Olga excelled at the Institute. Early training in Mathematics and Philosophy and an interest in archeology gave her a fresh approach to art, not altogether conventional and not altogether popular at the Faculty of Restoration. It soon became clear that Olga's interest in painting was not for the purposes of restoration and the faculty became worried that one of their flock was definitely a black sheep. "They were unhappy with the direction of my mind."
Already at 19 Olga had had a number of exhibitions, first with friends, and then alone. Painting became her life, she painted day and night, led an almost monastic life and exhibited when she got hungry. Living space, let alone studio space, was hard to find and she lived for a time on the rooftop of a student hostel. Eventually crafty dealers were finding buyers in Tokyo, Los Angeles and Bonn and Olga enjoyed a period of affluence unknown to friends and family in Moscow.
Olga Shagina does not talk much about her work, "It is like music" she explains, "or love, you can't explain it with words, you can only experience it."
Still, the art critic must try. So one tries to corner her with questions about who influenced her, what was in her mind at the time of painting, who did she most admire.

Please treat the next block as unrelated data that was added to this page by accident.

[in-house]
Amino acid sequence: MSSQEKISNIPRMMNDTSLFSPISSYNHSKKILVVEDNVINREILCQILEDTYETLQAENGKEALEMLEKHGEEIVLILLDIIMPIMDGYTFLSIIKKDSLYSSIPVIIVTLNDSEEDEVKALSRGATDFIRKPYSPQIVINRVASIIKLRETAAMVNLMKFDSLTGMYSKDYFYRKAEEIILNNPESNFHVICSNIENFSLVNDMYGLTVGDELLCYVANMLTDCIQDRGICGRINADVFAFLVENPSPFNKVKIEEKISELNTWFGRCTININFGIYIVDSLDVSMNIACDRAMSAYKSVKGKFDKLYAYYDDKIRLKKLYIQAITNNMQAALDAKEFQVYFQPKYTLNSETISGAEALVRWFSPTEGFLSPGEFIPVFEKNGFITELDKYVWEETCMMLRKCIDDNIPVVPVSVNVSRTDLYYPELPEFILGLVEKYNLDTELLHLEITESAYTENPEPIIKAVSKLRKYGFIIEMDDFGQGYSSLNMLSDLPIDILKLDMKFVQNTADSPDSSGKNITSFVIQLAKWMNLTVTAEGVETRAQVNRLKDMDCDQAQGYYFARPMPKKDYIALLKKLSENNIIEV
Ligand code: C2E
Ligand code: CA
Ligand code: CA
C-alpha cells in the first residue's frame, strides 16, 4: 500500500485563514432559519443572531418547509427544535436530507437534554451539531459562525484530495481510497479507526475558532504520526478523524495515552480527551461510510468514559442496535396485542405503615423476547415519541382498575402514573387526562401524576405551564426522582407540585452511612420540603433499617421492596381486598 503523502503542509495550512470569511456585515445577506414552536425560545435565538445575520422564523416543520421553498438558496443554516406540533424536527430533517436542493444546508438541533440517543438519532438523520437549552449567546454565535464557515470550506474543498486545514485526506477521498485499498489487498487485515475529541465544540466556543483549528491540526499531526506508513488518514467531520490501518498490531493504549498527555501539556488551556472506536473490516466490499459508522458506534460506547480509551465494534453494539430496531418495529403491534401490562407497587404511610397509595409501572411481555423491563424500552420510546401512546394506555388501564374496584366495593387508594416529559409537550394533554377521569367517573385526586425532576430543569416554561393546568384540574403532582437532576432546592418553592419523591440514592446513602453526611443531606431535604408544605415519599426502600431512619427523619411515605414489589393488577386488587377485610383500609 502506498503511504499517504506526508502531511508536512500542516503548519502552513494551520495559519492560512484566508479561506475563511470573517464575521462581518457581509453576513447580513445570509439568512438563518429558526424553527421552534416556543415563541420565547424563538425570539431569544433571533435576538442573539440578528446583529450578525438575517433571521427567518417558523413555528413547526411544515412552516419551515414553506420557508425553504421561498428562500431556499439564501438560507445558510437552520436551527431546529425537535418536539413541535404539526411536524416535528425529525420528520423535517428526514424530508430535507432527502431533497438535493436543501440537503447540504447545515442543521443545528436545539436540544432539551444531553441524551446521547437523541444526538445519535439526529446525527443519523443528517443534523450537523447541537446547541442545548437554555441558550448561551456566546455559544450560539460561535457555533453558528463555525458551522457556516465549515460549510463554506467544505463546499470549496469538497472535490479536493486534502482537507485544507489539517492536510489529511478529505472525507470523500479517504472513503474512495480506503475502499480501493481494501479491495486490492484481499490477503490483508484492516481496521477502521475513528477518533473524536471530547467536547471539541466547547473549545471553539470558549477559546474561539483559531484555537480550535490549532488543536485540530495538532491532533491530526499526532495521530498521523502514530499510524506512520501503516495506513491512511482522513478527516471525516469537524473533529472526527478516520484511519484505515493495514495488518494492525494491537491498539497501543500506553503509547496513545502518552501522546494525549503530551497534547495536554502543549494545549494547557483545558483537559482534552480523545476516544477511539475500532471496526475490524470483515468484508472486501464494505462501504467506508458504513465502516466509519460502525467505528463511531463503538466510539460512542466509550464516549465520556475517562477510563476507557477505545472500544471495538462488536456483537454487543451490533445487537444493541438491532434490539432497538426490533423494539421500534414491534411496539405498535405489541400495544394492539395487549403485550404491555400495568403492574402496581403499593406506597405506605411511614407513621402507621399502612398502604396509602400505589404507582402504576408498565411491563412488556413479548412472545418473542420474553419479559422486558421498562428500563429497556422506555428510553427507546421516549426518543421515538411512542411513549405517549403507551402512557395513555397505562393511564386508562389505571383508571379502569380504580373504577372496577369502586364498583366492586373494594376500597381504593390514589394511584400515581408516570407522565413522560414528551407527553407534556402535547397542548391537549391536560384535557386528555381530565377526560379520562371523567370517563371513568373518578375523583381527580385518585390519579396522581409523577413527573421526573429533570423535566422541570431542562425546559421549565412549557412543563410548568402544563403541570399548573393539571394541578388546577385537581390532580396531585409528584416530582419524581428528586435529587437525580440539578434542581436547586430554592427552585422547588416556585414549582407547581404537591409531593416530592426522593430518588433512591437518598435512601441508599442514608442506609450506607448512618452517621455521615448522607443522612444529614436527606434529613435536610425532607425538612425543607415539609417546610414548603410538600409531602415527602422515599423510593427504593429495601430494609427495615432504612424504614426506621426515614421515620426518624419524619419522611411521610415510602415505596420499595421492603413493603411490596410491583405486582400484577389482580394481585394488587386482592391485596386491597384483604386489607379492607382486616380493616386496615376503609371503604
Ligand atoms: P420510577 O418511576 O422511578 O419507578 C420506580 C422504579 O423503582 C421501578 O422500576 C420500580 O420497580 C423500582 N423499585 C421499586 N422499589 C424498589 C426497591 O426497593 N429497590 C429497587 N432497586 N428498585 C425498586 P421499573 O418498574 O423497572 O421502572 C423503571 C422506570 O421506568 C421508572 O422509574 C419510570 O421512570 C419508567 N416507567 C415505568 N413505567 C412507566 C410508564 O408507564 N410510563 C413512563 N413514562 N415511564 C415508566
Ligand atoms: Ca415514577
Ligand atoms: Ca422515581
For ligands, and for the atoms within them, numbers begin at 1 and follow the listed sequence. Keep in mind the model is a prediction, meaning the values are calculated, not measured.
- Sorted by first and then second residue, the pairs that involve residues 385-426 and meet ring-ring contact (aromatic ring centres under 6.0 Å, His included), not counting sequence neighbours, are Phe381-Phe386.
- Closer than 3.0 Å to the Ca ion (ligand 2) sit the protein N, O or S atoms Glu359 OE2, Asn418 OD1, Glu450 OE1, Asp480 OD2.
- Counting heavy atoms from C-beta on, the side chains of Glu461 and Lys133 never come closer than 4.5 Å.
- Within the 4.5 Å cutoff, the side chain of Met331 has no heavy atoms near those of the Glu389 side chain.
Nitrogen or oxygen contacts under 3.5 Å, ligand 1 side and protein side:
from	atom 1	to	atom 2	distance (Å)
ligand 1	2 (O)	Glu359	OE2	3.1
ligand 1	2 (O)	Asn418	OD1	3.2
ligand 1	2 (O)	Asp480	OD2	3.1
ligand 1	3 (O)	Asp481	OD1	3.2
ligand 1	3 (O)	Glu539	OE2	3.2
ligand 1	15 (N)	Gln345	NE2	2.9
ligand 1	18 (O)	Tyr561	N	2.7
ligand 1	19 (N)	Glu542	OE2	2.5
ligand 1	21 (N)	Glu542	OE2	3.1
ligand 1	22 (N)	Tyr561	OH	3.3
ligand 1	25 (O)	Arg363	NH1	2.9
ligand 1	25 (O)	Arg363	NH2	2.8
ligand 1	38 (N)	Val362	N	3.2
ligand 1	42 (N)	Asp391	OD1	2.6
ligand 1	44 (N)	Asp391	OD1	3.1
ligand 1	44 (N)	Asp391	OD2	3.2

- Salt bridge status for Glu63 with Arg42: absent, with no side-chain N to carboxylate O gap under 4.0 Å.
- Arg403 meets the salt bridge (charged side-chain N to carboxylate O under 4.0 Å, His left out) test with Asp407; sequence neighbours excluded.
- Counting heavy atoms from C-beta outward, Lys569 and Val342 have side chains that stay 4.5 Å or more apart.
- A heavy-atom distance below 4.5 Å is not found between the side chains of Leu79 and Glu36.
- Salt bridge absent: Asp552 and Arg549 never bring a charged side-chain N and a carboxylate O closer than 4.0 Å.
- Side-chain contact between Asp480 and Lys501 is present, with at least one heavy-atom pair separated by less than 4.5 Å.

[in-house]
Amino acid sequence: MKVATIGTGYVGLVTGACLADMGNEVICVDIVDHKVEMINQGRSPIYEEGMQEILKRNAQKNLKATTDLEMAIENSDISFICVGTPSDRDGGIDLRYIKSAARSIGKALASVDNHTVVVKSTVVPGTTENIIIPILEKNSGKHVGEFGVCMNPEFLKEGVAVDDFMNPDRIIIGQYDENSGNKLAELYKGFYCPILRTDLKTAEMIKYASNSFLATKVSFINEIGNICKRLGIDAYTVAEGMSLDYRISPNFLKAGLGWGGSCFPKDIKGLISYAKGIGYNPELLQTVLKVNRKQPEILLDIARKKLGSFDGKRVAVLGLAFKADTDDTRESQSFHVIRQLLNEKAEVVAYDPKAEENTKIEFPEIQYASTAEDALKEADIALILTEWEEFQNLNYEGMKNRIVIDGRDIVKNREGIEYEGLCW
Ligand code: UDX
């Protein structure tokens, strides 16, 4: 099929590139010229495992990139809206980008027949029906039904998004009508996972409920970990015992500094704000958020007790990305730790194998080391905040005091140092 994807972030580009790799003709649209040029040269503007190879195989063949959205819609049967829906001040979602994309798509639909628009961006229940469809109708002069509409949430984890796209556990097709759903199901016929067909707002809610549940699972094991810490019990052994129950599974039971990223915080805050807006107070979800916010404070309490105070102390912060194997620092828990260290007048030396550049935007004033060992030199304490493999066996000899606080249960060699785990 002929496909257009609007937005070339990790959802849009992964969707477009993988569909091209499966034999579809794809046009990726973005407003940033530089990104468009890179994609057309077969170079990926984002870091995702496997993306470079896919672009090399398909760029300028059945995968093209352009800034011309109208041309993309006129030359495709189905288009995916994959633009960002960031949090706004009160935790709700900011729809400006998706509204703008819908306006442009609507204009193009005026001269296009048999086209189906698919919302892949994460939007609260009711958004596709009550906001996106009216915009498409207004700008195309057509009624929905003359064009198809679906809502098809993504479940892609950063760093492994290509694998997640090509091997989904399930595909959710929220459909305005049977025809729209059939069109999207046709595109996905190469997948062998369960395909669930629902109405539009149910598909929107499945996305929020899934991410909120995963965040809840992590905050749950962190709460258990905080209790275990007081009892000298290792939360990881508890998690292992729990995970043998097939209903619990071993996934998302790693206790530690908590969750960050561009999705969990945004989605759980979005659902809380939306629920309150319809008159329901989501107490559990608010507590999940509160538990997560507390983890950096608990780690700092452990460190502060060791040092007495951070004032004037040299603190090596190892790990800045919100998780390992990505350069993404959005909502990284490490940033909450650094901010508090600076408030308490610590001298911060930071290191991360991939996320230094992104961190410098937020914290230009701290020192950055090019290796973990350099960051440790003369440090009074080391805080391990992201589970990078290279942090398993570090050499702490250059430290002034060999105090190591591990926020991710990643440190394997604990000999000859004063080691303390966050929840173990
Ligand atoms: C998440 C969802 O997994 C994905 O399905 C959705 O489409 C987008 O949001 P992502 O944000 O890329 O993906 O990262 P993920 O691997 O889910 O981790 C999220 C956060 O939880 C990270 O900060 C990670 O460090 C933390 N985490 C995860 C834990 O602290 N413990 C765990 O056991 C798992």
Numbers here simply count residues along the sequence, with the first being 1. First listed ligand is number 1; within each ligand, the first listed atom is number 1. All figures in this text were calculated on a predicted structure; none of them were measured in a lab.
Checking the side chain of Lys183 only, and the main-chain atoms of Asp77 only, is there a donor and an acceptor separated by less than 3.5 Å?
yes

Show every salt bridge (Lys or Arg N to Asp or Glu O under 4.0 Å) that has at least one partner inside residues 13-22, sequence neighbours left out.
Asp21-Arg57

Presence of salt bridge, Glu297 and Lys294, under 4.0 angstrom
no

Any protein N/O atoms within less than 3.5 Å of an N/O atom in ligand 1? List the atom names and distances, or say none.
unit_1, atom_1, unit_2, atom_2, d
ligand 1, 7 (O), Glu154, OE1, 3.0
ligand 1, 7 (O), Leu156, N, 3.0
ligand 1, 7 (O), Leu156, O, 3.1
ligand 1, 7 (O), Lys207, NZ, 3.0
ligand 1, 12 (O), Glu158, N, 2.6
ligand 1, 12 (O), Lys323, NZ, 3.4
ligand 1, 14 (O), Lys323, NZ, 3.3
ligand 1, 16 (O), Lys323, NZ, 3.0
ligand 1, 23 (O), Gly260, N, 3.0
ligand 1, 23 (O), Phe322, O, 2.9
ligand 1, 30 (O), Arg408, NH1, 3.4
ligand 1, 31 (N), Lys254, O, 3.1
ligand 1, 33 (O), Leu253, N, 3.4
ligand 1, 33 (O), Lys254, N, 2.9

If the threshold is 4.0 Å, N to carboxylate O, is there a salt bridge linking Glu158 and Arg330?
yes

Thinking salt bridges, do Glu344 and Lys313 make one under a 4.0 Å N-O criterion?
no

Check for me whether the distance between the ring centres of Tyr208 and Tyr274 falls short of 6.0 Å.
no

"In the beginning I, like all art students, tried to become proficient at making on canvas realistic representation of real objects; first a piece of fruit, and pot, and piece of material; then more difficult 'still lifes' with more difficult subjects like sculpture heads, real heads, figures dressed and nude and so on. On and on, repeating things endlessly until perfection was achieved. Technical skills was mastered in drawing, painting and composition. Landscapes were done and discarded, on and on, over and over. Psychological portraits (showing emotion and personality) were repeated again and again with different goals and nuances. At first you don't really know what you want, but after long years of finding various solutions to inevitable problems, you begin to choose your problems, like research scientists. Eventually some find, as did I, that the kind of verbal reality articulated by literature on the one hand, and realistic art on the other, puts limitations on their spirit, confines it and holds it down. This is so because it is against their particular nature; they are like modern dancers in ballet shoes."